FCC claims overnight DDoS attacks
The Federal Communications Commission claims it was the victim of several distributed denial of service attacks causing delays for users of its Electronic Comment Filing System.
At about midnight Sunday night, the FCC experienced “deliberate attempts by external actors to bombard the FCC’s comment system with a high amount of traffic to our commercial cloud host,” according to a statement Monday afternoon from CIO David Bray.
The alleged DDoS attack took place after HBO’s “Last Week Tonight” host and comedian John Oliver once again took on net neutrality in a segment Sunday night, urging viewers to visit the FCC’s website and use the ECFS to share their displeasure with a newly proposed rollback of net neutrality rules.
In 2014 when the FCC was considering a similar restructuring of net neutrality rules, Oliver first advocated for open internet on his show, and consequently, a flood of viewers crashed the commission’s website.
Bray claims in this latest case, it wasn’t legitimate commenters who tied up the cloud host, but bad actors who “made it difficult for legitimate commenters to access and file with the FCC.” Though the comment system wasn’t taken offline, the CIO said, “these DDoS events tied up the servers and prevented them from responding to people attempting to submit comments.”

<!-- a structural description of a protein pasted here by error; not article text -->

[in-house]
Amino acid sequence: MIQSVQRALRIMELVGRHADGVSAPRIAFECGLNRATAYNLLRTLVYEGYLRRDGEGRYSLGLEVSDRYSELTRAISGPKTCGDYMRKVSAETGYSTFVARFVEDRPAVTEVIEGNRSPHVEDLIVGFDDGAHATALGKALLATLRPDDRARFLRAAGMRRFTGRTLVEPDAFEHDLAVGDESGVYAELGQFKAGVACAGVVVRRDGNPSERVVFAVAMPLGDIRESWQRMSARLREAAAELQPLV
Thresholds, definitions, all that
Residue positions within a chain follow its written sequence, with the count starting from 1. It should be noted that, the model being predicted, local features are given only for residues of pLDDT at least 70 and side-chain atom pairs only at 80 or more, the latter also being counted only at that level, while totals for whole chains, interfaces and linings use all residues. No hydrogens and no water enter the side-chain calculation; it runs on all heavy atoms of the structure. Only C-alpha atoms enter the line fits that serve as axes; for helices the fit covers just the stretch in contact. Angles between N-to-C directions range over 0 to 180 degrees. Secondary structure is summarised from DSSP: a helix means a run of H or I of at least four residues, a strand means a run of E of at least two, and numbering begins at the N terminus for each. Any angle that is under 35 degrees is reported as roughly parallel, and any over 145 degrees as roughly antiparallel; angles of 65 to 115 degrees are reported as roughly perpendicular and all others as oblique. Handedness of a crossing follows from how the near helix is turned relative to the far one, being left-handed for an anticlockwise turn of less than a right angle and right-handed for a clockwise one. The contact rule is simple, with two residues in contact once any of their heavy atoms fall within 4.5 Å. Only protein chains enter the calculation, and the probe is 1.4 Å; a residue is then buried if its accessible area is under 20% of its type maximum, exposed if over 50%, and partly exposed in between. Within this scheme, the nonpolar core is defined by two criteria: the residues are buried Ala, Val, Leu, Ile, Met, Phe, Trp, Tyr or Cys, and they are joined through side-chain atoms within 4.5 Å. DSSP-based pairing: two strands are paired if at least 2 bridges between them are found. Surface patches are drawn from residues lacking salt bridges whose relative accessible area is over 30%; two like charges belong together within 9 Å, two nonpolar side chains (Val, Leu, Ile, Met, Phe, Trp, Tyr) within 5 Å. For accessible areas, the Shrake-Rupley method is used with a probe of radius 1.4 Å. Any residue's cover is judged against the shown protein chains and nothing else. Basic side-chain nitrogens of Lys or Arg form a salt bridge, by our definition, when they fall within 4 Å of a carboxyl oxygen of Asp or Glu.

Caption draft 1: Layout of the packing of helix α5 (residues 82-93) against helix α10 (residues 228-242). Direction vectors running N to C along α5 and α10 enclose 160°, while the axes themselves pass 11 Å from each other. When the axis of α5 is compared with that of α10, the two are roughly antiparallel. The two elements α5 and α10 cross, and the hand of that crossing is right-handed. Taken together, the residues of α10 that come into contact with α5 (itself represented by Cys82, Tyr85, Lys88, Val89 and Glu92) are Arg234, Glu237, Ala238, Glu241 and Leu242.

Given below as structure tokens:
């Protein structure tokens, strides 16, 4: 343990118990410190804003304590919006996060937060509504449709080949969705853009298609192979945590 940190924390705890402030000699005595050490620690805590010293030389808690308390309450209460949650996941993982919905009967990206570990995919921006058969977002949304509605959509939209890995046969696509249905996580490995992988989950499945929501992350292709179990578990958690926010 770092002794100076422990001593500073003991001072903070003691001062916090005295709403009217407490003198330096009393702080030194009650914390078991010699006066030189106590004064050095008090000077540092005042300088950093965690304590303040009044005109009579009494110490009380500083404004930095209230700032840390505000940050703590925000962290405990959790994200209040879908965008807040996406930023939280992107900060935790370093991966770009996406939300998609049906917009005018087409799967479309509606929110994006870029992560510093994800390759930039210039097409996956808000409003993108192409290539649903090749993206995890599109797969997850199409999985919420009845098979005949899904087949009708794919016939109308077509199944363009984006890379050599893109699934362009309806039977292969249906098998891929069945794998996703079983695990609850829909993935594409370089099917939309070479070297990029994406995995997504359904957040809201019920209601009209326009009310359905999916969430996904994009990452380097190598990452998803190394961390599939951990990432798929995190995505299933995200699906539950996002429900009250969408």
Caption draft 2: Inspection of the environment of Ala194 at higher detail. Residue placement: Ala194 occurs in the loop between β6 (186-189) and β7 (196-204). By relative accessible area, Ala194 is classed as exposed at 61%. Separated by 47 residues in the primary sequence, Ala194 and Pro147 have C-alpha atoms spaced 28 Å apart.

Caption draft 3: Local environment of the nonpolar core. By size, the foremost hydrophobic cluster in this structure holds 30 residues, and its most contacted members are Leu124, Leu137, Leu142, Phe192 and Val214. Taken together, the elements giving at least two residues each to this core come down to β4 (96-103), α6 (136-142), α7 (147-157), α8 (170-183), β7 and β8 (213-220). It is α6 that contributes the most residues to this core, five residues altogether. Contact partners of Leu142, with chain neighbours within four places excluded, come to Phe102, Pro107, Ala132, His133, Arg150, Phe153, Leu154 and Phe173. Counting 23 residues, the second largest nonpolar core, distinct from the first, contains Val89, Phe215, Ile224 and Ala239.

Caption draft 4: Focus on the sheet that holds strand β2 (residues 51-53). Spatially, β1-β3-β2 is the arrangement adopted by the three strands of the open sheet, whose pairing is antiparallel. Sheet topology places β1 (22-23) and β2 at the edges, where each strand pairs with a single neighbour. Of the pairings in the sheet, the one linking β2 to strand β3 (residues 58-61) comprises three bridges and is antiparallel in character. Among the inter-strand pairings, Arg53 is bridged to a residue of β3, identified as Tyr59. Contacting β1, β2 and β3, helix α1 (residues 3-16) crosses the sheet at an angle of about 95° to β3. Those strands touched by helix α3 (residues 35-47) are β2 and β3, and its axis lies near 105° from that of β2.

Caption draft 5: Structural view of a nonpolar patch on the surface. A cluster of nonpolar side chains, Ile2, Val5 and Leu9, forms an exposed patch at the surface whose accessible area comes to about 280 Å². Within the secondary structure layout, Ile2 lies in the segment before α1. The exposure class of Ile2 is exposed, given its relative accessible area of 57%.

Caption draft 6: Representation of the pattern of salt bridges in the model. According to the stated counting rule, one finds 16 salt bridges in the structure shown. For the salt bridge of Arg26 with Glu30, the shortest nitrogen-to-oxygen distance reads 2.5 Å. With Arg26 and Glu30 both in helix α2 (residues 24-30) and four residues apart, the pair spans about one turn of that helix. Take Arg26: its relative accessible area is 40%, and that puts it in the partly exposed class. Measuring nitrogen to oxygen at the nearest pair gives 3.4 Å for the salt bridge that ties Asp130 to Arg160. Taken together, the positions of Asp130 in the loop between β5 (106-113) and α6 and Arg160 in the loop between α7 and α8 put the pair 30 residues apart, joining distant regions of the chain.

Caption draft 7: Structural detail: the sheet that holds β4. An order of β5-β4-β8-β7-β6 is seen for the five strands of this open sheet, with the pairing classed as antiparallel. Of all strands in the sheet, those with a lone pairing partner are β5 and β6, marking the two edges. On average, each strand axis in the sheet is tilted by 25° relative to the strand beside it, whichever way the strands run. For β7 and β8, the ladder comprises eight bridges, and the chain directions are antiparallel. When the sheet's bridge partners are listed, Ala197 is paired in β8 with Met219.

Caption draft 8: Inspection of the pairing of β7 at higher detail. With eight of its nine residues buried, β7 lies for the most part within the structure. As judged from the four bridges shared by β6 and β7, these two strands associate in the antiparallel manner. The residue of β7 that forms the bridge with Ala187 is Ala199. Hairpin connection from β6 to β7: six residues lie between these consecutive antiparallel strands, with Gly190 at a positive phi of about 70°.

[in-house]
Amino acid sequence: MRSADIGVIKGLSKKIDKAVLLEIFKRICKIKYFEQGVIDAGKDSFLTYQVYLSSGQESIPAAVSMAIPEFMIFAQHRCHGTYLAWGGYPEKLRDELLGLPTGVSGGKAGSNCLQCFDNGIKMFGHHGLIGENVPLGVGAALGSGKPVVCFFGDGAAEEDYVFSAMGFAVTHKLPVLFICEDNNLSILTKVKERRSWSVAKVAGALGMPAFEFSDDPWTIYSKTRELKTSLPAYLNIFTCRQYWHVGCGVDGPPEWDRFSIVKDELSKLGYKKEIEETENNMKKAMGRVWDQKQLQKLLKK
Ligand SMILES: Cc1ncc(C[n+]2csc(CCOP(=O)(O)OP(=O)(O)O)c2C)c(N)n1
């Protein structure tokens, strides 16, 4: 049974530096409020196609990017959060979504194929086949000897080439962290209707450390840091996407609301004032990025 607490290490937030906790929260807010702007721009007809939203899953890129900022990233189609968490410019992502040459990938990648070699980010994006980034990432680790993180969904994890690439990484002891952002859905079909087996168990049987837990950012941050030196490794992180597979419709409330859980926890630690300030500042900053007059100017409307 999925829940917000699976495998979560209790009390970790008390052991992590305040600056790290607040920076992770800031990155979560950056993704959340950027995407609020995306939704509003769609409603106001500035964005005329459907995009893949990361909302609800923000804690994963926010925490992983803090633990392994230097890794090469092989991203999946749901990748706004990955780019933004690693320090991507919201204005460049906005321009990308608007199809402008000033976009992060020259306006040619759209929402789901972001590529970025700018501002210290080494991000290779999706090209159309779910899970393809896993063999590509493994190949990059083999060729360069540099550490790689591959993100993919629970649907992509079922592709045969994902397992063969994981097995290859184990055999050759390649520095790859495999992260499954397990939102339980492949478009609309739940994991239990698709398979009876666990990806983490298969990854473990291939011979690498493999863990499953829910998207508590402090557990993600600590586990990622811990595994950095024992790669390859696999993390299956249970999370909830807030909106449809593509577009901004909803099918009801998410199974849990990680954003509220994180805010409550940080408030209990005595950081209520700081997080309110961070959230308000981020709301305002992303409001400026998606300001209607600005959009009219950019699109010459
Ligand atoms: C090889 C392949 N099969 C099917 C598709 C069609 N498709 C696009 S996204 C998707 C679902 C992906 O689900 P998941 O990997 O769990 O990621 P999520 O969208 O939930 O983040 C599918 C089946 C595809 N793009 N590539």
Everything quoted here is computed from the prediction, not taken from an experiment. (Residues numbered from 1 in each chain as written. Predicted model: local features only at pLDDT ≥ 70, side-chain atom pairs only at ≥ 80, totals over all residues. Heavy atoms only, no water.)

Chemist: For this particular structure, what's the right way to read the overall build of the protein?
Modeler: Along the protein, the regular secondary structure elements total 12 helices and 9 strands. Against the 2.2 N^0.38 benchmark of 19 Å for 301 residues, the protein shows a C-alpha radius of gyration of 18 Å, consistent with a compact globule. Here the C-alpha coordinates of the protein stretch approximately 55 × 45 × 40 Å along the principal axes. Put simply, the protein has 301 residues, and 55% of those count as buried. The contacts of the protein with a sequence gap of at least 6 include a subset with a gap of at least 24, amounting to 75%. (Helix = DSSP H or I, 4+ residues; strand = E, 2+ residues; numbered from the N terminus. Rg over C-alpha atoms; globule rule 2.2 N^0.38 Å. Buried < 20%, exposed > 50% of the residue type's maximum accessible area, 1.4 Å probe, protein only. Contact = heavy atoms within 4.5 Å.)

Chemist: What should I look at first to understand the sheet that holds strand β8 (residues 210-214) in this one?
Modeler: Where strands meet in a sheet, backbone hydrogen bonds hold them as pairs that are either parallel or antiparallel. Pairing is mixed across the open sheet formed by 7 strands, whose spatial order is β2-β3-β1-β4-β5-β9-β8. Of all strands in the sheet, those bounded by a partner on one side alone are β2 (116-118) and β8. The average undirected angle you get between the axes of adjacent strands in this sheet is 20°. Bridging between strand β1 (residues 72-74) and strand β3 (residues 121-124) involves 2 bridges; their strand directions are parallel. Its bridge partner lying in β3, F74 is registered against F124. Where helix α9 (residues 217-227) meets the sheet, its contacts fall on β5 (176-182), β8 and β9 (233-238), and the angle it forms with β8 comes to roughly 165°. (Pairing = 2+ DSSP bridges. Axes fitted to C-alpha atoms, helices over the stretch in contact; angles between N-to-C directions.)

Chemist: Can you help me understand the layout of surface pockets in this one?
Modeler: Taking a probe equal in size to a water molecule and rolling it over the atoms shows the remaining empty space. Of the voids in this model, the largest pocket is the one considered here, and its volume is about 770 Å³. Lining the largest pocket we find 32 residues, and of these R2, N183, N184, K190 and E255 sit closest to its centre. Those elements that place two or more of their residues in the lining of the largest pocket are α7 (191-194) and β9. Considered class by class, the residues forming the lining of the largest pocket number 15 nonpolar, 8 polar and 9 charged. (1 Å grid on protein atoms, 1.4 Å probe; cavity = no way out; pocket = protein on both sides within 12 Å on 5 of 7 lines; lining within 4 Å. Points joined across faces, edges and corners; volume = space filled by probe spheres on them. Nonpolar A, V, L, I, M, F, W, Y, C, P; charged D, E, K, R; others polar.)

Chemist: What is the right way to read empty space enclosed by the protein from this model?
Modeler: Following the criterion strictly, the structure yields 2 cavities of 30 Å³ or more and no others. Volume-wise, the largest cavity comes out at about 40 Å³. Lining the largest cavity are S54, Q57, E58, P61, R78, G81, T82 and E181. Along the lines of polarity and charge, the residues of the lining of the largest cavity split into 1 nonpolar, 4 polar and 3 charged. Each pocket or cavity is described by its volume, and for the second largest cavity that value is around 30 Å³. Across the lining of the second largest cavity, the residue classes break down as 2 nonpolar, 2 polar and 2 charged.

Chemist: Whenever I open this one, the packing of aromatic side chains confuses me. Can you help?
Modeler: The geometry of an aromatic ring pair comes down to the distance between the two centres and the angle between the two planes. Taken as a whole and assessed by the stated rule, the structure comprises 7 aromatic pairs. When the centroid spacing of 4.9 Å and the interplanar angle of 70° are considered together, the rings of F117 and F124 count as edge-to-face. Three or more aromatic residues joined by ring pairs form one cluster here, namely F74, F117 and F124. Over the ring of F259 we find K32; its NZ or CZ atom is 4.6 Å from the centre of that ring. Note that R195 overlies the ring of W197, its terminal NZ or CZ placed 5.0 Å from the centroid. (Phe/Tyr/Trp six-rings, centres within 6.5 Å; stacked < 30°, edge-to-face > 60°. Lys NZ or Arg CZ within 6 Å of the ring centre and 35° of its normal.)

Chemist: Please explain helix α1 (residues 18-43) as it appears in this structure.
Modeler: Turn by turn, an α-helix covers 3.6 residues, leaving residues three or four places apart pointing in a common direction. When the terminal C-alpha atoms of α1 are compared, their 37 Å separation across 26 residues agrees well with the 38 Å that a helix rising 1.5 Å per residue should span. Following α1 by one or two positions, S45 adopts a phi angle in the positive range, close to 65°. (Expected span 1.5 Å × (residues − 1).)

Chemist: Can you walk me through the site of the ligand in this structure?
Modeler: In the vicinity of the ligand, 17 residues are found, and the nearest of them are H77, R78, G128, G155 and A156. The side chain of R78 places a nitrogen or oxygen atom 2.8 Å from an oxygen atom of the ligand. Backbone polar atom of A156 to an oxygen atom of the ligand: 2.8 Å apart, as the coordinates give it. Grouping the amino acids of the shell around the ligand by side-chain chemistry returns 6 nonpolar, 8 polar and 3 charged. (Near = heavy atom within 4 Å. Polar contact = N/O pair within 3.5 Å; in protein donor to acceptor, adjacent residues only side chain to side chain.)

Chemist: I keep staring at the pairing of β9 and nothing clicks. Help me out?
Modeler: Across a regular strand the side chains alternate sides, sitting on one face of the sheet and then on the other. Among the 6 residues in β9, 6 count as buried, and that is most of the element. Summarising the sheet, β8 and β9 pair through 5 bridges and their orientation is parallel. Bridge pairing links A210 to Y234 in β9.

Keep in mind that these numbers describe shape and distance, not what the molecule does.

Bray did not mention the HBO show in his statement.
At least one organization isn’t buying the FCC’s claims. Fight for the Future, a group that stands strongly against the possible FCC net neutrality rollbacks, worries that the FCC is either being “misleading” or there was really a DDoS attack coinciding Oliver’s show, preventing “people from commenting in support of keeping the Title II net neutrality rules that millions of people fought for in 2015,” Campaign Director Evan Greer said in a statement.
Greer called on the FCC to release its logs from Sunday night and Monday morning “to an independent security analyst or major news outlet to verify exactly what happened last night. The public deserves to know, and the FCC has a responsibility to maintain a functioning website and ensure that every member of the public who wants to submit a comment about net neutrality has the ability to do so.”
In the aftermath 2014 “distraction,” as Bray described it, the FCC underwent a major IT overhaul, eliminating hundreds of unnecessary legacy systems and modernizing systems for 21st century workloads. More than 4 million comments were filed related to that notice of proposed rulemaking, which Bray said at the time accounted for about 40 to 45 percent of the total amount of comments ECFS had seen in its then 18-year history.
The FCC declined to comment further.